Which Mac for Logic pro x

Discussion in 'Buying Tips and Advice' started by ryaan.d, Sep 26, 2015.

  1. ryaan.d macrumors newbie

    ryaan.d

    Joined:
    Sep 26, 2015
    #1
    I'm a music student and in the market to buy a new mac for the purpose of music making and editing.

    I've narrowed down my options to the Macbook pro 13" with retina display. However my question is regarding the specifications. Obviously the higher end specs are the better option but my budget only really allows for the 2.7ghz processor and 8gb ram.

    Will this be capable of running Logic pro x smoothly with additional plugins?

    I'm not overly keen on going over my budget, however neither do I want to be stuck with specifications that don't meet my requirements, given that the model cannot be upgraded after purchase.
     
  2. Greene, Sep 29, 2015
    Last edited: Sep 29, 2015

    Greene macrumors regular

    Greene

    Joined:
    Jul 15, 2015
    Location:
    Fort Worth
    #2
    Yes, that will be a great mac for Logic x!

    When it comes to logic (any version), the question really isn't whether or not it will run, it's how many instruments/plugins it will playback simultaneously. Faster processor = more stuff at once. Your Mac should handle most projects fine. To get an idea of what your mac can do, search for the logic 9 benchmark numbers.

    Although, I would really recommend going with 16 gb ram if you're running large sample libraries / are a classical composer.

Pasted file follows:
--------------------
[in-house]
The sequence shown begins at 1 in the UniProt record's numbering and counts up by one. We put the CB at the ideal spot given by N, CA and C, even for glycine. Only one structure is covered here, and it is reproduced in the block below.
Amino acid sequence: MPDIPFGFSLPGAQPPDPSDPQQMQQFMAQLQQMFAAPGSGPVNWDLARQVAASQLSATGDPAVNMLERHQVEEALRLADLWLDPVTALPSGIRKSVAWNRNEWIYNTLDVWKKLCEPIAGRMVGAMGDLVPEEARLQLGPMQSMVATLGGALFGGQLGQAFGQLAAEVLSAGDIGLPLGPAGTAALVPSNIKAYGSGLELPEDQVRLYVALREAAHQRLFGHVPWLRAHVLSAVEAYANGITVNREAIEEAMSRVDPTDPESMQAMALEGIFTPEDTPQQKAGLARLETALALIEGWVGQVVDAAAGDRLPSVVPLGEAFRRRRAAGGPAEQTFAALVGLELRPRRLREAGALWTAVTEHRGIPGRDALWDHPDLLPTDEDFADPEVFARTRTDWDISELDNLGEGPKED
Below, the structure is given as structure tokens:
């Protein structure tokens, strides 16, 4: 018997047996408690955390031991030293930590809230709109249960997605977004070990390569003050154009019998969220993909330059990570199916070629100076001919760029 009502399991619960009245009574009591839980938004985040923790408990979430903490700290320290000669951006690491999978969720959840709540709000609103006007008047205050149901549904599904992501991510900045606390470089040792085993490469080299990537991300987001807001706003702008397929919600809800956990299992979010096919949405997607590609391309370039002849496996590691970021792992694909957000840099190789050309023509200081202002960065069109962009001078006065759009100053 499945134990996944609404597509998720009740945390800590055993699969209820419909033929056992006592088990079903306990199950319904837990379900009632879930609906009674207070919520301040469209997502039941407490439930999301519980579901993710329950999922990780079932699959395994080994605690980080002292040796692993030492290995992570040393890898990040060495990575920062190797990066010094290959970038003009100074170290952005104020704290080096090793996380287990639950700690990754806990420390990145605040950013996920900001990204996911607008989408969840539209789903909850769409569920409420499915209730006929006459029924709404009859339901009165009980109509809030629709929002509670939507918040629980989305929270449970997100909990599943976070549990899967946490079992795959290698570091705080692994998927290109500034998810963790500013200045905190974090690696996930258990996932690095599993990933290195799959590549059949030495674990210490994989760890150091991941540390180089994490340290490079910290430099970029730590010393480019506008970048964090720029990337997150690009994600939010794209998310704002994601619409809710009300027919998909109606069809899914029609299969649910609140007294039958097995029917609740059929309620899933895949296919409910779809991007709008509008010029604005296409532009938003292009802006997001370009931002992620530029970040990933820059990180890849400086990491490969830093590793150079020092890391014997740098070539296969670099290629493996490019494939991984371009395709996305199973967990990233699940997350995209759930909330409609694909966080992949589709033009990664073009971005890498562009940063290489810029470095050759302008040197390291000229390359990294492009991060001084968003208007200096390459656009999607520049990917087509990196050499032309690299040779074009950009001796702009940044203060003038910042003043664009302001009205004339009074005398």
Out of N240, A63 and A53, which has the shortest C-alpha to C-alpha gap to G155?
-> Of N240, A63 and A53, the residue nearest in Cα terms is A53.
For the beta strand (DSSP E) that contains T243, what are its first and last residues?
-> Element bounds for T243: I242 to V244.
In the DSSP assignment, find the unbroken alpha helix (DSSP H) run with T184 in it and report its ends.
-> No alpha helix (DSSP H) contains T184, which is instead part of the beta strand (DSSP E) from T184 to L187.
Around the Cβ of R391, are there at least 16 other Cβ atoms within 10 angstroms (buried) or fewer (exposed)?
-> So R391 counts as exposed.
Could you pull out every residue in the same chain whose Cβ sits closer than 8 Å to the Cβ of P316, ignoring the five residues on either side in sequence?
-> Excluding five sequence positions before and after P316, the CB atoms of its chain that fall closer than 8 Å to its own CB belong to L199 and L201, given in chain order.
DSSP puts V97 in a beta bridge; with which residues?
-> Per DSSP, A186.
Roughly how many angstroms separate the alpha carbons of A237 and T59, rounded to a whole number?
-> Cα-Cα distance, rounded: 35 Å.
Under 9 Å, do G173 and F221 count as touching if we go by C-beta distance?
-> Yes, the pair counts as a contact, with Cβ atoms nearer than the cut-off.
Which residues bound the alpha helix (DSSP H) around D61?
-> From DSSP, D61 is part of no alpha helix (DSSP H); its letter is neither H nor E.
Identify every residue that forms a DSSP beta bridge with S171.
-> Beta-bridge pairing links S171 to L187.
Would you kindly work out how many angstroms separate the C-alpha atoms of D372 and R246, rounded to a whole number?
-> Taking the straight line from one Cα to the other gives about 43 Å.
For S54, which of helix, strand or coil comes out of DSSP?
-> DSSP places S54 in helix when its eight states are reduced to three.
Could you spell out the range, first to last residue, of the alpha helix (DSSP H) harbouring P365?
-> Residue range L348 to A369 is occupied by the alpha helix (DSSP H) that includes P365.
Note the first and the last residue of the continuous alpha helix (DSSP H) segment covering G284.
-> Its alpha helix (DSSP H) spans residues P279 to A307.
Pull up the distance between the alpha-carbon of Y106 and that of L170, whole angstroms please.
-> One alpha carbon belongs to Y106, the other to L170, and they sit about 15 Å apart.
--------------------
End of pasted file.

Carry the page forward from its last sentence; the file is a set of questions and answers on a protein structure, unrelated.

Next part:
3. keysofanxiety macrumors 604

    keysofanxiety

    Joined:
    Nov 23, 2011
    #3
    What Greene said, really. I'd recommend the 15" Retina MacBook Pro for its capable quad-core processor and 16GB RAM as standard. Not to say the 13" isn't suitable, though in the interest of longevity it's best to make the jump to a quad-core, especially as plugins get more resource-intensive.
     
  4. Greene macrumors regular

    Greene

    Joined:
    Jul 15, 2015
    Location:
    Fort Worth
    #4
    fwiw - I know the quad core 15 inch is/was what Berklee recommended/required their students to get.

    If you're really on the cheap, look for a used 8 core mac pro. This is going to give you a lot of longevity and upgrade headroom for your money. Although I've since upgraded, most of my music gets made on an original mac pro with a processor upgrade. One of my friends recently picked up a comparable system, did the upgrades herself, and in total spent about $150.
     

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